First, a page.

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    I really appreciate all the input on this subject - as i, like many of you, plan to listen to my body as well, i've afforded myself a lot of time - my concern is obviously, how much can i handle day after day - but I was wondering if i don't follow the schedule are there albergues all along the trail - or must i complete the suggested distance because that is the lodging destination? Thanks all!
     
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  11. RJS

    RJS Well-Known Member

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    Hi Suzanne

    Most sections of The Camino Frances now have a huge choice of accommodation, therefore giving you multiple choices of how far you walk each day – However the “Problem” is that often the main Refugio’s fill up quite early in the day, and the nearer you get to Santiago de Compostela, the bigger this problem gets with Peregrino’s often getting up pre-dawn and scooting off as quickly as possible to claim their beds in their next chosen Refugio – This is something that I have never involved myself in as I prefer to walk in my own time and at my own pace, but the “Price” of this is, that when I arrive at my chosen destination for the day, if the Refugio is full, then I often have to pay considerably more money in a hotel or private Refugio – This isn’t usually a problem for me as my budget isn’t normally exceptionally tight, but if you are walking on a very tight budget, it is something that you should bear in mind.

    Good Luck and Buen Camino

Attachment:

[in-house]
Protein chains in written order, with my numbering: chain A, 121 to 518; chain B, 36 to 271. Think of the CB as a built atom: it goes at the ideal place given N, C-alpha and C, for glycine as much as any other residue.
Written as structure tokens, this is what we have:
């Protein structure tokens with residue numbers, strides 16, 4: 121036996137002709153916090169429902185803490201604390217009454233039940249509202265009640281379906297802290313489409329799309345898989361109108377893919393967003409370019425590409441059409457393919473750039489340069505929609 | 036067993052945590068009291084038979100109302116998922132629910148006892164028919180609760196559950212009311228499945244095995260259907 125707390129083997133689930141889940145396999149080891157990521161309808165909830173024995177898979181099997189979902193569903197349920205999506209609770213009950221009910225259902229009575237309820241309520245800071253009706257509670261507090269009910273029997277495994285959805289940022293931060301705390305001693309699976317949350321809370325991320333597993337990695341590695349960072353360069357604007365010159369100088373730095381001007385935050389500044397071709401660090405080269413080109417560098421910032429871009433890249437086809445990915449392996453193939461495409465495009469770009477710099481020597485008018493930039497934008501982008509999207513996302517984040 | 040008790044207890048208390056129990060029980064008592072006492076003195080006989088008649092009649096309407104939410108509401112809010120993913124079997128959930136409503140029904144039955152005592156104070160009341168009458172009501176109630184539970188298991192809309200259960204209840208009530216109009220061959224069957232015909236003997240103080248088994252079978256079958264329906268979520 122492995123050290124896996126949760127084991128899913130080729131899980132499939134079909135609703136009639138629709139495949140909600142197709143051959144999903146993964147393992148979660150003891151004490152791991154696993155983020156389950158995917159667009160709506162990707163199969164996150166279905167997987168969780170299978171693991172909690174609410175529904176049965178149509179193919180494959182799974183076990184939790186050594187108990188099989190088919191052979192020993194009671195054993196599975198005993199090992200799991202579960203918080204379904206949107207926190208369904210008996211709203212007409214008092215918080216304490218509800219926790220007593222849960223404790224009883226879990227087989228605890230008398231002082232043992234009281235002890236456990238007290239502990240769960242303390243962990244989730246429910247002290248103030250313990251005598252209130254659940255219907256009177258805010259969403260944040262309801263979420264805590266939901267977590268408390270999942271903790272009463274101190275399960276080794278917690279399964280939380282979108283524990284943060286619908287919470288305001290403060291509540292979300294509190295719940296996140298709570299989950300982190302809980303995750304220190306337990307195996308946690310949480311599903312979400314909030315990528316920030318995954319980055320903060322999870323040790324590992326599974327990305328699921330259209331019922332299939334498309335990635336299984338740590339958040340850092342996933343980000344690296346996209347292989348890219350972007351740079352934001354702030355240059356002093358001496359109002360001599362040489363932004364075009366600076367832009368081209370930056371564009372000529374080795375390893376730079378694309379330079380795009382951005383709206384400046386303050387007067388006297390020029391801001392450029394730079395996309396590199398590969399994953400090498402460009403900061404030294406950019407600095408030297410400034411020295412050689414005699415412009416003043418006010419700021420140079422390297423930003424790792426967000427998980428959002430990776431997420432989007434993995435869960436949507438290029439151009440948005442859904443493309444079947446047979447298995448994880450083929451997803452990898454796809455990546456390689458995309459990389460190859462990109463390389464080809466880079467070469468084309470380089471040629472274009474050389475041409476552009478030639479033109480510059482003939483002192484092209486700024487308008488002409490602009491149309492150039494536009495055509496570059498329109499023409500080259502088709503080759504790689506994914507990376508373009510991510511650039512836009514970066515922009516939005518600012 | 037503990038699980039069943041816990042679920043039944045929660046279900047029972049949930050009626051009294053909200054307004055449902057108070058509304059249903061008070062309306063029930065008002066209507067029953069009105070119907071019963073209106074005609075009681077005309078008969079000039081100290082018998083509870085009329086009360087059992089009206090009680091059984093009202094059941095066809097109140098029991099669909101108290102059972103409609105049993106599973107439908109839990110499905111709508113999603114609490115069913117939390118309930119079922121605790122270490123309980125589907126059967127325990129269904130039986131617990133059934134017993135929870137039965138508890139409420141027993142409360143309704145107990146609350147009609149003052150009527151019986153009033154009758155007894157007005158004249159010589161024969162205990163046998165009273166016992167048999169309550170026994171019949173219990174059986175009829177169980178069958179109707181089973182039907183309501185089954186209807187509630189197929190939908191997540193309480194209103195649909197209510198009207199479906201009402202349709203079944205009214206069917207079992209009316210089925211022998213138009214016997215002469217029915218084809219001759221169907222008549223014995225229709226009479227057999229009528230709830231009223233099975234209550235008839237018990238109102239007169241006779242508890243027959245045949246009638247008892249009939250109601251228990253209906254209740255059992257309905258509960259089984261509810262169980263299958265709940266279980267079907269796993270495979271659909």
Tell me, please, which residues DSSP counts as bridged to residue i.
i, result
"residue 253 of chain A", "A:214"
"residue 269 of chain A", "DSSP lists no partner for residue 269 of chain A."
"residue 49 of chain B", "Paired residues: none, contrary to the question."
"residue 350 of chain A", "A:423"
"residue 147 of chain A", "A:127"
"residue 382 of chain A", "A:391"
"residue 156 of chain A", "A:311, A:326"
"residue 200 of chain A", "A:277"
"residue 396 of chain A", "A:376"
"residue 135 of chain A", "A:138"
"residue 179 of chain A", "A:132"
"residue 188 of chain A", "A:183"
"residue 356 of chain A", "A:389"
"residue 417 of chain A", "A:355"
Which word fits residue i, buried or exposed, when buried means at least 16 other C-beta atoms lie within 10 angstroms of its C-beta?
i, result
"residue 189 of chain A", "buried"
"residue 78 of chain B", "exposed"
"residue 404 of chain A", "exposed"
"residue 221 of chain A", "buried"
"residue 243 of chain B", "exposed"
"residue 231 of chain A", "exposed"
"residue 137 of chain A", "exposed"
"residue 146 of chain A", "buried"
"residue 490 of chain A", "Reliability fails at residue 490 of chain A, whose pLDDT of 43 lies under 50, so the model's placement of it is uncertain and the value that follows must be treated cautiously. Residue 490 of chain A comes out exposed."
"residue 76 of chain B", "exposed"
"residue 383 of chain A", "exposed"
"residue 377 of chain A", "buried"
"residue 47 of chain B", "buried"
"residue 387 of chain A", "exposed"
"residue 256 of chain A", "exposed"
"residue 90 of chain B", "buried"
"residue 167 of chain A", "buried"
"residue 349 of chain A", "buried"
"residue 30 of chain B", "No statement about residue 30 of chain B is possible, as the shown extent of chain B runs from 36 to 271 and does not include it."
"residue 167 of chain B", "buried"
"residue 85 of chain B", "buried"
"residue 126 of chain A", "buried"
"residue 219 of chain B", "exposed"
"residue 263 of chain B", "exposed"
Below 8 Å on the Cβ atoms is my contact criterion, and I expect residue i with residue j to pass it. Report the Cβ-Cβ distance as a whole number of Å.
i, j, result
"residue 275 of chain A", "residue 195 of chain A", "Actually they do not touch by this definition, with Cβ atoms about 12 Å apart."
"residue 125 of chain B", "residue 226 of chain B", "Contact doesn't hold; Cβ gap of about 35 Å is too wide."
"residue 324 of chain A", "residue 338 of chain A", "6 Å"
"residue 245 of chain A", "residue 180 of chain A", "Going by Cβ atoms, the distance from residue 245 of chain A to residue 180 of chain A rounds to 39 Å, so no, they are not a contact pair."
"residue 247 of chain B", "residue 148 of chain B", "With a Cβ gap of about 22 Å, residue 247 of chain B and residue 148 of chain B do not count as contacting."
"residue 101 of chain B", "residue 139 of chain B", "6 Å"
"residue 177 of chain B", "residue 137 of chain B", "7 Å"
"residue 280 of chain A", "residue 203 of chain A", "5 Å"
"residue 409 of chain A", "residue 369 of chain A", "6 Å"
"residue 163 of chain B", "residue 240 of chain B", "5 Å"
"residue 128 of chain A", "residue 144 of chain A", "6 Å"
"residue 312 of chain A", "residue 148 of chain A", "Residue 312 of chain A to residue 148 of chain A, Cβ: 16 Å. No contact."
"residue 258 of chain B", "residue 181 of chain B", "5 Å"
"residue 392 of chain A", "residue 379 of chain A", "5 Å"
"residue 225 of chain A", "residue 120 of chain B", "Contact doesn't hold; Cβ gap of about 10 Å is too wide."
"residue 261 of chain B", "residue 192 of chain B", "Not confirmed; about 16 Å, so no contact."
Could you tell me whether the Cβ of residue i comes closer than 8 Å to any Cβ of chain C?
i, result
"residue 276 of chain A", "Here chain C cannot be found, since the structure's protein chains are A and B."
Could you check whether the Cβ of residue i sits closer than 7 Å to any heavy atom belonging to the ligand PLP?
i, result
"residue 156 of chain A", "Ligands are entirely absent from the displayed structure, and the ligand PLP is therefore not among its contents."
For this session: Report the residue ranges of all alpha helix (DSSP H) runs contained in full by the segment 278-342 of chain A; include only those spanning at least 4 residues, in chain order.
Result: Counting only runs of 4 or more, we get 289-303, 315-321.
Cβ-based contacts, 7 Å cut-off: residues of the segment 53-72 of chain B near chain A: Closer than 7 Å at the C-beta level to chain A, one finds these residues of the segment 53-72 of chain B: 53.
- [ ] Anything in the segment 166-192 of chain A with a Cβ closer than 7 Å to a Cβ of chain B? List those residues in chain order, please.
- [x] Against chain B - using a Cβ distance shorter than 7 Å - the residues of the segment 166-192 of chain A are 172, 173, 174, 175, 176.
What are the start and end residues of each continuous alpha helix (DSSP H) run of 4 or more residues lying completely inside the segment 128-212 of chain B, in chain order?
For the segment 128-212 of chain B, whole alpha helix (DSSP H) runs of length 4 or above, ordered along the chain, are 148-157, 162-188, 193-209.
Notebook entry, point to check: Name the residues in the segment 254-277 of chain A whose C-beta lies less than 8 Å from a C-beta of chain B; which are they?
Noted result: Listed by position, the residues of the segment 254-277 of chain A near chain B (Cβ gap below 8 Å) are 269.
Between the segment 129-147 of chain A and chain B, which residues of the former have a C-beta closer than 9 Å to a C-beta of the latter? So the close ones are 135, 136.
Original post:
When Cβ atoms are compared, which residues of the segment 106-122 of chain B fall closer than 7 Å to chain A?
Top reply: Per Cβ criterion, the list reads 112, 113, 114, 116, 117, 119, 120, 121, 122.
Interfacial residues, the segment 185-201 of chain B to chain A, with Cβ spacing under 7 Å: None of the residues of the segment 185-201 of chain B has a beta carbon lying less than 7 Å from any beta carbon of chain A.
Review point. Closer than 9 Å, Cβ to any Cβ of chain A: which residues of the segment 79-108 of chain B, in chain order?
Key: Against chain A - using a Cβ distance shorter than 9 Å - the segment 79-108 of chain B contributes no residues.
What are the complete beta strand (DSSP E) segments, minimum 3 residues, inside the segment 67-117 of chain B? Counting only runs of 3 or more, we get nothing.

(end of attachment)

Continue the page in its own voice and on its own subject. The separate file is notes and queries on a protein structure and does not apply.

Rob
     
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  12. Suzanne Tessier

    Suzanne Tessier Member

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    Thank you for your input- good to know... I really don't want to get drawn into a race- just to get a bed (I guess there is no perfect )
    I'm wondering if I walk less or more than the suggested km - am I more likely to find lodging in an albergue? So if I stagger my walking schedule against the flow- will that make a difference. Also that I'm walking in September- and was thinking less young fit students??

    Thanks again!
     
  13. raymond john

    raymond john Well-Known Member

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    Hi Suzanne.
    On the question on the availability of accommodation, it will depend on the time of year your walking the camino. I walked the Camino last year from 21st September 25th October and I had no problems getting a Albergue's / Refugio's.

    Buen Camino
    Raymond John
     
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  14. RJS

    RJS Well-Known Member

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    Hi again Suzanne

    Encouraging info posted above by Raymond John – As you are setting off in September, by the time you get to the busier section of the Camino approaching Santiago de Compostela, you will be into October and things will be really quietening down.